While technology has brought numerous benefits
to our personal and professional lives, a recent survey suggests it may be
responsible for Canadians spending less time with their families. While Canada
is one of the world’s most computer-literate nations, a cross-country research
survey by Computing Canada magazine indicates that Canadians have more of a
love/hate relationship with technology.
The survey, conducted by Leger Marketing in conjunction with Computing
Canada’s 30th anniversary, was commissioned to determine how technology is
affecting the average Canadian family.
Surprisingly, more than half of survey respondents (53 per cent) stated
that advancements in technology have caused them to work more, resulting in
less time spent with family and friends. While an overwhelming majority of
respondents (86 per cent) agree that technology has made them more efficient
in the workplace, resulting in an improved quality of life.
“Many of us feel that technology is helping to put the 9-to-5 workday on
the endangered species list,” says Patricia MacInnis, Computing Canada editor.
“Computer technology has got to do a better job of satisfying Canadians at
work and at home. Its promise is to make life easier, but Canadians are
More than half of survey respondents feel that technology is responsible
for them working longer hours, and 74 per cent – and a staggering 83 per cent
of Quebeckers – feel that children spend too much time on the computer.
“Technology’s role in society tends to be viewed as both necessity and
nuisance,” says Scott Cho, Associate Vice President, Leger Marketing. “While
Canadians crave the efficiency that technology affords, the control it has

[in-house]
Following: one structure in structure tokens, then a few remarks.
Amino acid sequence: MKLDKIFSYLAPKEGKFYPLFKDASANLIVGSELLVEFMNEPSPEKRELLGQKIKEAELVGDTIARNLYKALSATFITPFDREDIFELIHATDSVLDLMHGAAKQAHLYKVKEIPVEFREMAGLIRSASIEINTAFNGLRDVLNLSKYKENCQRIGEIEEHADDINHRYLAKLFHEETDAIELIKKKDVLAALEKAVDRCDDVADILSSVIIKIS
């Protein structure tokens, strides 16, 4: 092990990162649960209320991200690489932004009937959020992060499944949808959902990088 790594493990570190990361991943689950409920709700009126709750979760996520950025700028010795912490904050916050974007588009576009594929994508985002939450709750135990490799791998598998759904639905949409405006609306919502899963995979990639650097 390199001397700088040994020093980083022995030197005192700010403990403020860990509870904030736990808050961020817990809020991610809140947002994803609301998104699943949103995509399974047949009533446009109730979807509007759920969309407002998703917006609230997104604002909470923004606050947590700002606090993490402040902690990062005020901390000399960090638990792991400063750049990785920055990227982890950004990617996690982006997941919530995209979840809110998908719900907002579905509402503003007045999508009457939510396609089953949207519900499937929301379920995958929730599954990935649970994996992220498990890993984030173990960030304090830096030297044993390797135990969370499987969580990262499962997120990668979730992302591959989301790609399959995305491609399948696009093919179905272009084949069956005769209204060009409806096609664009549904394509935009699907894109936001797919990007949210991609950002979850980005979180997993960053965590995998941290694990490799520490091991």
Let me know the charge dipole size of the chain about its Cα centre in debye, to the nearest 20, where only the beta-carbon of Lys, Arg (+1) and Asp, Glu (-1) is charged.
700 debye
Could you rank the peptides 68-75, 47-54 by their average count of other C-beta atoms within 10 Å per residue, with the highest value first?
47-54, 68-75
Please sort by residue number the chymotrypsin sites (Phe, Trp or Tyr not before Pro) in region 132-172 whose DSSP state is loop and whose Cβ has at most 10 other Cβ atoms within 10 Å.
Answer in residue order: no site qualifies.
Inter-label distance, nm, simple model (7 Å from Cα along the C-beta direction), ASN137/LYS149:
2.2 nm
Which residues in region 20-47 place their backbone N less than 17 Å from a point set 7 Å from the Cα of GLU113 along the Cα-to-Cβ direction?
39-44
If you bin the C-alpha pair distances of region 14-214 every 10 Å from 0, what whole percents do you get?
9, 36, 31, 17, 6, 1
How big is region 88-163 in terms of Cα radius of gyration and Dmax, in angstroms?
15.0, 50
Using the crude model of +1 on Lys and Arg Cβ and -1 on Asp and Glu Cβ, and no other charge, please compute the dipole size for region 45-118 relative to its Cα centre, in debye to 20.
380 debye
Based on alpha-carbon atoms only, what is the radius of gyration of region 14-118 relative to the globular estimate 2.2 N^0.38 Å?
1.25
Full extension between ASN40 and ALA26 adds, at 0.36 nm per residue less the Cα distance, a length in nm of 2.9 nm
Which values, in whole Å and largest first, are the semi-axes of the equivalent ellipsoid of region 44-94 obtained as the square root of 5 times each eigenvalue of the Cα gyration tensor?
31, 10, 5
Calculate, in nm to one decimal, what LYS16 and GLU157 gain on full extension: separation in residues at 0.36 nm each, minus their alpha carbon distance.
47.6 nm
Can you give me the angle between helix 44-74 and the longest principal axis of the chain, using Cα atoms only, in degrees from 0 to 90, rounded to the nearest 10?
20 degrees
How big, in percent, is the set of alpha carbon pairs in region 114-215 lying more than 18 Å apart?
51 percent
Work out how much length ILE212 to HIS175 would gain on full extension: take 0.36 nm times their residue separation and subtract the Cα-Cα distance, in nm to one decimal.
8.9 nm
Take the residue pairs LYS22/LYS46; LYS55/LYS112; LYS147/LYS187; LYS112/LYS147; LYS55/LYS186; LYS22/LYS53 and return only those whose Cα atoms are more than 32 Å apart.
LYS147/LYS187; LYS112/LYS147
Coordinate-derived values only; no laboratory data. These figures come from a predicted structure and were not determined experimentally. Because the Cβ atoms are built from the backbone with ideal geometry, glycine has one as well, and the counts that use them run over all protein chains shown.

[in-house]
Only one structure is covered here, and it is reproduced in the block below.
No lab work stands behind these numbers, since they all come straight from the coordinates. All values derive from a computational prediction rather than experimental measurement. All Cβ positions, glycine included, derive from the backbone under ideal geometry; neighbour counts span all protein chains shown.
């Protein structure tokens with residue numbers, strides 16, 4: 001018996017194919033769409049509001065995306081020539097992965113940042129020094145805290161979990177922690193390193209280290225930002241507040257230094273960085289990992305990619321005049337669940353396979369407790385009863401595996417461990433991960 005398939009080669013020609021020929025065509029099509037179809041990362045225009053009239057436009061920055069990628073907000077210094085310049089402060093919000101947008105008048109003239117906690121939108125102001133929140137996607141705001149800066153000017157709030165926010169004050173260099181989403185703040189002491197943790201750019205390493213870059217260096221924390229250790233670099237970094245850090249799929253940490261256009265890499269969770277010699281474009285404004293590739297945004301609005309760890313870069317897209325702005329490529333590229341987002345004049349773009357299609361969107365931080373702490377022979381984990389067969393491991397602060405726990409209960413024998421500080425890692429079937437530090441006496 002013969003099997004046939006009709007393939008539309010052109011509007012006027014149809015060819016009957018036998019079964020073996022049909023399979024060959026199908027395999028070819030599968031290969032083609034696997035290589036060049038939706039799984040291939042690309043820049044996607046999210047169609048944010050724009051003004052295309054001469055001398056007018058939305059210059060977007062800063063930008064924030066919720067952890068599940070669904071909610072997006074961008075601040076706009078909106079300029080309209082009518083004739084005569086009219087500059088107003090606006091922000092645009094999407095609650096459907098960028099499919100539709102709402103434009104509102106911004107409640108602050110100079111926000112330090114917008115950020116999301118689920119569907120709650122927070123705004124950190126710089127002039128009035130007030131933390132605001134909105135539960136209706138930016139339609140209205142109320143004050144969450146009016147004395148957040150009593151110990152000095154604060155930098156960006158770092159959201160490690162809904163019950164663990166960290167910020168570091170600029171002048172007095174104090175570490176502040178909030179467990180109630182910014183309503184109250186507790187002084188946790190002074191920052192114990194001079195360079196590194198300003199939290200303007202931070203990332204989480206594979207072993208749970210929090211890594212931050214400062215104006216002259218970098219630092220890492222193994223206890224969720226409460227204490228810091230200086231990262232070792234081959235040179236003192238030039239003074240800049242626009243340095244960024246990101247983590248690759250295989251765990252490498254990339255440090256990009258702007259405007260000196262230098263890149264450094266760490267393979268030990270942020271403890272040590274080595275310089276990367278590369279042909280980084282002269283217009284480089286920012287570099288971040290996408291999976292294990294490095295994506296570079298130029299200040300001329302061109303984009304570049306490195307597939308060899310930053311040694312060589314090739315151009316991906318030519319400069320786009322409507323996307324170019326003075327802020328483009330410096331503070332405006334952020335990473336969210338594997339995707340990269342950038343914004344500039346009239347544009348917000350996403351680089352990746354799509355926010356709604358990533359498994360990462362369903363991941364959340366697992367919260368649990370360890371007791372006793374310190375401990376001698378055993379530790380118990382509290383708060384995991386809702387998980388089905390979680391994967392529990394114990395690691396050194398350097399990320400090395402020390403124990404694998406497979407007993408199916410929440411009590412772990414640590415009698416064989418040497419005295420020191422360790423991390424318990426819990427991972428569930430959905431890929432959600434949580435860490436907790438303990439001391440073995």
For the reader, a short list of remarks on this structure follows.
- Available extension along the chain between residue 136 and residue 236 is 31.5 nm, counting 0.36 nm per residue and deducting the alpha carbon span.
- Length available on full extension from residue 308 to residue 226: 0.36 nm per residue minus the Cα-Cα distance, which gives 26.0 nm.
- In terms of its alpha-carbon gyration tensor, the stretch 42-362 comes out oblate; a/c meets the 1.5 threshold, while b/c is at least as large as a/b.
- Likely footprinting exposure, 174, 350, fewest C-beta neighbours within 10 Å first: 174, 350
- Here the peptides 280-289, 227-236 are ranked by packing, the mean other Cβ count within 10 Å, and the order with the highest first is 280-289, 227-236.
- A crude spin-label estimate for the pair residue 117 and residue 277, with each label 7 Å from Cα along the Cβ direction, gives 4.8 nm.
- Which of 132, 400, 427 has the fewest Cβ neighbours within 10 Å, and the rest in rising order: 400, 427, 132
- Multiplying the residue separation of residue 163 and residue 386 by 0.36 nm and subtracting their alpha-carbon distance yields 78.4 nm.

over our daily lives can be unsettling.”
Highlights of the Computing Canada/Leger survey:
– Half of the respondents feel that recent advancements in technology
have significantly contributed to Canadians working more. This is
highest among respondents from Ontario and British Columbia
– More than half of the respondents (57 per cent) believe that recent
advancements in technology have caused Canadians to spend less time
with their families, whereas 18 per cent believe the technological
advancements have enabled Canadians to spend more time with their
families. This results in a net less time with family figure of
39 per cent.
– Sixty-five per cent of British Columbians feel that technology makes
them spend less time with family and friends
– Three quarters of respondents (74 per cent) say children spend too
much time on the computer and three per cent say not enough, resulting
in a net “too much time” figure of 71 per cent. Respondents from
Quebec are most likely (83 per cent) to say that children spend too
much time on the computer.
The Computing Canada/Leger Marketing survey sampled 1501 Canadians from
across the country, and has an overall margin of error of +/- 2.5 per cent.